Nearly 100 students and volunteers from all around Philadelphia came to Roxborough High School on Saturday morning to pull weeds and plant fruit trees and berry bushes on Philly Orchard Day.
While similar projects were happening all over the city, volunteers in Roxborough painted and gardened both outside and inside the school.
Eileen DiFranco, the school nurse, heads the School Beautification Club, and for the second year in a row, has enlisted the help of the Philadelphia Orchard Project.
“We couldn’t have done it without the Philadelphia Orchard Project,” she says during her lunch break in the cafeteria. “I just said I wanted to do it but they’re the ones that actually hopped to it.”
The volunteers’ lunches were donated by Roma Pizza, Kaplan Bagels, Shoprite, and Tasty Twisters.
Along the driveways outside of the school, volunteers hacked at weeds, raked dead leaves, and planted shade trees, which aim to prevent weeds from growing back.
“We did all of this last year and so much of it is back,” grumbles Marlene Schleifer, who can often be seen volunteering at the Ivy Ridge Trail and many other outdoor spaces in Northwest Philadelphia.
“I sort of wind up doing whatever needs to be done,” says Schleifer.
But inside the school’s courtyard, students were busy planting apple trees, asian pear trees, a persimmon tree, as well as, raspberry, blueberry, and blackberry bushes.
All of the fruit, according to Phil Forsyth who was directing the courtyard gardening for the Philadelphia Orchard Project, is chemical-free and is intended to be harvested during the school year.
The plants are all perennial, meaning they will return to bear fruit year after year, and the Orchard Project volunteers expect to return every season to provide “long term agricultural support.”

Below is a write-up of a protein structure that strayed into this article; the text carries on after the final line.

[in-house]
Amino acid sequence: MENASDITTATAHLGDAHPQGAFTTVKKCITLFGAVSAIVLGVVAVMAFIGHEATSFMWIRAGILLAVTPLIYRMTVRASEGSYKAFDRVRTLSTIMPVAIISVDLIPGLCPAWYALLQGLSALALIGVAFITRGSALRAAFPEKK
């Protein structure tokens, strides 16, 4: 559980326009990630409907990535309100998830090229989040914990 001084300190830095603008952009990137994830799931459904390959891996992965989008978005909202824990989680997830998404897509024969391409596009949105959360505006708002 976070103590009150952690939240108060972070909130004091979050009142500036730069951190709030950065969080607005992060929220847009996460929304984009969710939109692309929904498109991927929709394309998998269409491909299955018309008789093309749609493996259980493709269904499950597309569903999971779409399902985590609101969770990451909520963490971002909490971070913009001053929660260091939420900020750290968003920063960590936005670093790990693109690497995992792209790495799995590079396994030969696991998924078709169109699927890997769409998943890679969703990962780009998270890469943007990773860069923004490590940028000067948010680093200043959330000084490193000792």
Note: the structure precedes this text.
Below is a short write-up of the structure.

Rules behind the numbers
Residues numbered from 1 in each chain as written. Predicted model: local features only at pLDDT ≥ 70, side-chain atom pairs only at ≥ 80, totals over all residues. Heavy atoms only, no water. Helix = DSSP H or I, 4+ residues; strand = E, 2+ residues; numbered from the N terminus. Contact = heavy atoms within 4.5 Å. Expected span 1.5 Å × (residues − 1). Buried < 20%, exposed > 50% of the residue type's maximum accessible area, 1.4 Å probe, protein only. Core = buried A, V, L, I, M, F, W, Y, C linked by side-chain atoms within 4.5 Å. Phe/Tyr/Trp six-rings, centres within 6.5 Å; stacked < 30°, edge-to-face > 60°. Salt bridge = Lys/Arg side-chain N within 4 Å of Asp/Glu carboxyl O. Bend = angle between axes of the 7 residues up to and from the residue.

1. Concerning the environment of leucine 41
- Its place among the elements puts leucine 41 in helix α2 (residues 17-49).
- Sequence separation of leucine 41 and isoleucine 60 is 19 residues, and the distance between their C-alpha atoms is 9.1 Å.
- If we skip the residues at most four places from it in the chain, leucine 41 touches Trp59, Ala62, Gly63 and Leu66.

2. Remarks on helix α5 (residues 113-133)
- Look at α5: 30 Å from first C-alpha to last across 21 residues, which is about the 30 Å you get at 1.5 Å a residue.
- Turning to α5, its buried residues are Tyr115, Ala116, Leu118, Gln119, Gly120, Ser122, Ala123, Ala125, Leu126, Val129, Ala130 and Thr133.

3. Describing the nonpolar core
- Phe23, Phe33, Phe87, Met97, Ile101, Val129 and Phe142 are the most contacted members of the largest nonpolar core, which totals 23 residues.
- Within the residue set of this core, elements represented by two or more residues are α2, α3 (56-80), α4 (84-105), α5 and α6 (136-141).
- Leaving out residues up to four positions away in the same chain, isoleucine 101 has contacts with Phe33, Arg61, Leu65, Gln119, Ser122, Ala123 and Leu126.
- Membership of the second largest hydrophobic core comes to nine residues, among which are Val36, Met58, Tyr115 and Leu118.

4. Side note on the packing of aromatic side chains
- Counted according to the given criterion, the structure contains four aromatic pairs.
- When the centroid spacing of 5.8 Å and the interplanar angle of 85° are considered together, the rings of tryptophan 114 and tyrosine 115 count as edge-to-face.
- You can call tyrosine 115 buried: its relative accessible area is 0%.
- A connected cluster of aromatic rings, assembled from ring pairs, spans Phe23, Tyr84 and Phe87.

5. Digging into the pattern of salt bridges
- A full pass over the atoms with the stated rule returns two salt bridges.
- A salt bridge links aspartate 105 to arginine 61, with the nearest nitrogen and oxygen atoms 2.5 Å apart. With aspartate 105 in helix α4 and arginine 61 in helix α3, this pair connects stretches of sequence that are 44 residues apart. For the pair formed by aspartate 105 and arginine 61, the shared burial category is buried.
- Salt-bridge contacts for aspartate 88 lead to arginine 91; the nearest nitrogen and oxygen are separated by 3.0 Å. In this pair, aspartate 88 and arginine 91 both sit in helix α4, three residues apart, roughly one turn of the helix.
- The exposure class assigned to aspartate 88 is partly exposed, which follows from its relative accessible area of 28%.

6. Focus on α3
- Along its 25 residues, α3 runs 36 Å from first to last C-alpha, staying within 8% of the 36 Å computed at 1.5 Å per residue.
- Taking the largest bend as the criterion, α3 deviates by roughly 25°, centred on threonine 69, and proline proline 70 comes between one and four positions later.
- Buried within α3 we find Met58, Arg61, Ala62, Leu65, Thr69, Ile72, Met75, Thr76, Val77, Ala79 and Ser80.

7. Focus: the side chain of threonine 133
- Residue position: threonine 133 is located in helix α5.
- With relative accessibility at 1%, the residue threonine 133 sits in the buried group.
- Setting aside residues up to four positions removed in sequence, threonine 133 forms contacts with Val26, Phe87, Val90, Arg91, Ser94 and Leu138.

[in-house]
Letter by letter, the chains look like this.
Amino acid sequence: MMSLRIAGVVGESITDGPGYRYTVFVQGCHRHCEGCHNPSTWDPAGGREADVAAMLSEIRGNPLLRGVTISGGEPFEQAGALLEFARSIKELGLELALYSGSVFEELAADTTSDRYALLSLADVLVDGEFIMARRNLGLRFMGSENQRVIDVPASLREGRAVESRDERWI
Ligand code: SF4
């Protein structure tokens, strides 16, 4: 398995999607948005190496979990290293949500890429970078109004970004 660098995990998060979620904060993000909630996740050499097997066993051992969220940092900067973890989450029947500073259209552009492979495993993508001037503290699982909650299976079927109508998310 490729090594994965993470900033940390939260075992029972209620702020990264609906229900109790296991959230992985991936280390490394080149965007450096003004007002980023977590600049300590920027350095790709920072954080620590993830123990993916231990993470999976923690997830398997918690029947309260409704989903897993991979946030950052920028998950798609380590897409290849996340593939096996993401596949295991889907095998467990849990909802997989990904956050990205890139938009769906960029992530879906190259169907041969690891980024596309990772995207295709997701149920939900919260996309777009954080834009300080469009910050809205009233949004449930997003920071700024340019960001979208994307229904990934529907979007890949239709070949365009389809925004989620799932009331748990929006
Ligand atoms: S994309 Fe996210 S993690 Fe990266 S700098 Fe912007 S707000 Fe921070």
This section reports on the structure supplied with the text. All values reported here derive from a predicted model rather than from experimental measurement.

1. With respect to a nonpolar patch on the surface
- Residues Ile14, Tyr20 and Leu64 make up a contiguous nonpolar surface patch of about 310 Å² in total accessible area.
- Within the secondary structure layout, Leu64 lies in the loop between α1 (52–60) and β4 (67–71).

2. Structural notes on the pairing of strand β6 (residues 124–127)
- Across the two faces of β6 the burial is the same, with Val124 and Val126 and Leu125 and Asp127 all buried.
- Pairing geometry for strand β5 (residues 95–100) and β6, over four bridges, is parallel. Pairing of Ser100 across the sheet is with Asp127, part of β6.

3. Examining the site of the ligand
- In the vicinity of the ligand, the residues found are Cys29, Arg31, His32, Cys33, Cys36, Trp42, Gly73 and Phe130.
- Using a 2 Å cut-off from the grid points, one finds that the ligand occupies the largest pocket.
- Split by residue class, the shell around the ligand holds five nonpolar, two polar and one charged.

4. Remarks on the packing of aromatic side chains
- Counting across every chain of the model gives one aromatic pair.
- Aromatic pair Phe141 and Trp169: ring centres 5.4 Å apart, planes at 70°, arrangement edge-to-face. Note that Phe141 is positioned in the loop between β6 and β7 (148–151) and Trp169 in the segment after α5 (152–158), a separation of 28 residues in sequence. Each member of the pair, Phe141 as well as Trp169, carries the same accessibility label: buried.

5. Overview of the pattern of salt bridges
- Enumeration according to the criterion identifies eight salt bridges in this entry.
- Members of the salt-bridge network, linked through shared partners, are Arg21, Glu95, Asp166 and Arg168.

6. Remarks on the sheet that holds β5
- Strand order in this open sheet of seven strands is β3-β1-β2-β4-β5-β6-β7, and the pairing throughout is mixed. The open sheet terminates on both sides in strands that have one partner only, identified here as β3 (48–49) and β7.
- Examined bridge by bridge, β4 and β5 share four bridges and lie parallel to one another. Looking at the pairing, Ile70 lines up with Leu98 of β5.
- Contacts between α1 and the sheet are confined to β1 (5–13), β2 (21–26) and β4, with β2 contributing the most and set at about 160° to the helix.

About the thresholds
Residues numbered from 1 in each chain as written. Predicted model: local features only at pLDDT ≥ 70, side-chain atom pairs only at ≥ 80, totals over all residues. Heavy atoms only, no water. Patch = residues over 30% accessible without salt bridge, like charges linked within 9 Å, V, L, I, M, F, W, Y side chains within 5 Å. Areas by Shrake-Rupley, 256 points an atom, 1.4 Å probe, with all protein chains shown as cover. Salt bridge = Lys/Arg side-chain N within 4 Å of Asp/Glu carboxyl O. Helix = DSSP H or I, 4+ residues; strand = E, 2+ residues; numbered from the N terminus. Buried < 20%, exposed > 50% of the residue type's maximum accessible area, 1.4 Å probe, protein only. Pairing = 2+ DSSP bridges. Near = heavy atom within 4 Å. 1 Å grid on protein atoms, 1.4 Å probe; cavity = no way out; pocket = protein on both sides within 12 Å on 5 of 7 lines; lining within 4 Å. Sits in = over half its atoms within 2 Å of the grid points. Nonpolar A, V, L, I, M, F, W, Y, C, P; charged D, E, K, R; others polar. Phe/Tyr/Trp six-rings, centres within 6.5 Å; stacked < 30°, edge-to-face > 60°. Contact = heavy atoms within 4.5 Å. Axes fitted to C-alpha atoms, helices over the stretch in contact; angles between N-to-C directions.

All of the plants are donated by the Orchard Project, whose volunteers are used to growing food in urban gardens even smaller than this courtyard.
“In the city we consider one fruit tree to be an orchard, so this is plenty big,” says Forsyth.
Focusing on renewal
The Philadelphia Orchard Project started its work last year, but this year serious planting can begin.
Wearing workman’s gloves, Principal Stephen Brandt explained how last year, clearing the grounds was the priority.
“Last year it was a lot of removal, a lot of overgrown weeds,” he said. This year we’re focused on renewal. We’re planting lots of bushes and trees.”
Brandt explained to Chris Johnson, who was trying to get his required 20 hours of community service for his senior project, how the shade trees will prevent weeds from returning next year. He admits that he learned that from the Philadelphia Orchard Project volunteers.
“I have no greenthumb whatsoever,” he laughs as he continued showing Johnson how to rake mulch.
Volunteers from the Day & Zimmerman company lent a hand, as well as about 15 Drexel students from the Vietnamese Student Association.
Roxborough students from the Junior ROTC, wore white coveralls and painted every inch of the smaller gymnasium, where they practice their military drills.
Dorianne Joseph, a junior yells to a freshman that he missed a spot, and in true military fashion, the younger cadet obediently returns to the spot that he missed.
Dorianne is a second Lieutenant, and he painted his “rank and file” on the shoulder of his painters’ coveralls. He says that by volunteering today with the rest of his troop, he gets to show off his leadership training.
Marjorie Calhoun, a custodian at the school and also a 1967 graduate of Roxborough High School, came in on a Saturday to do the job that she usually does, except today with the help of her students and neighbors.
As she returned from her lunch break she chatted with Jim Alturo, a volunteer from Day & Zimmerman. They both admired the freshly cleared garden while preparing to plant young trees.
“You go away and come back a few hours later, and a difference has been made,” Alturo marvels.
“After seeing that, you gotta feel good.”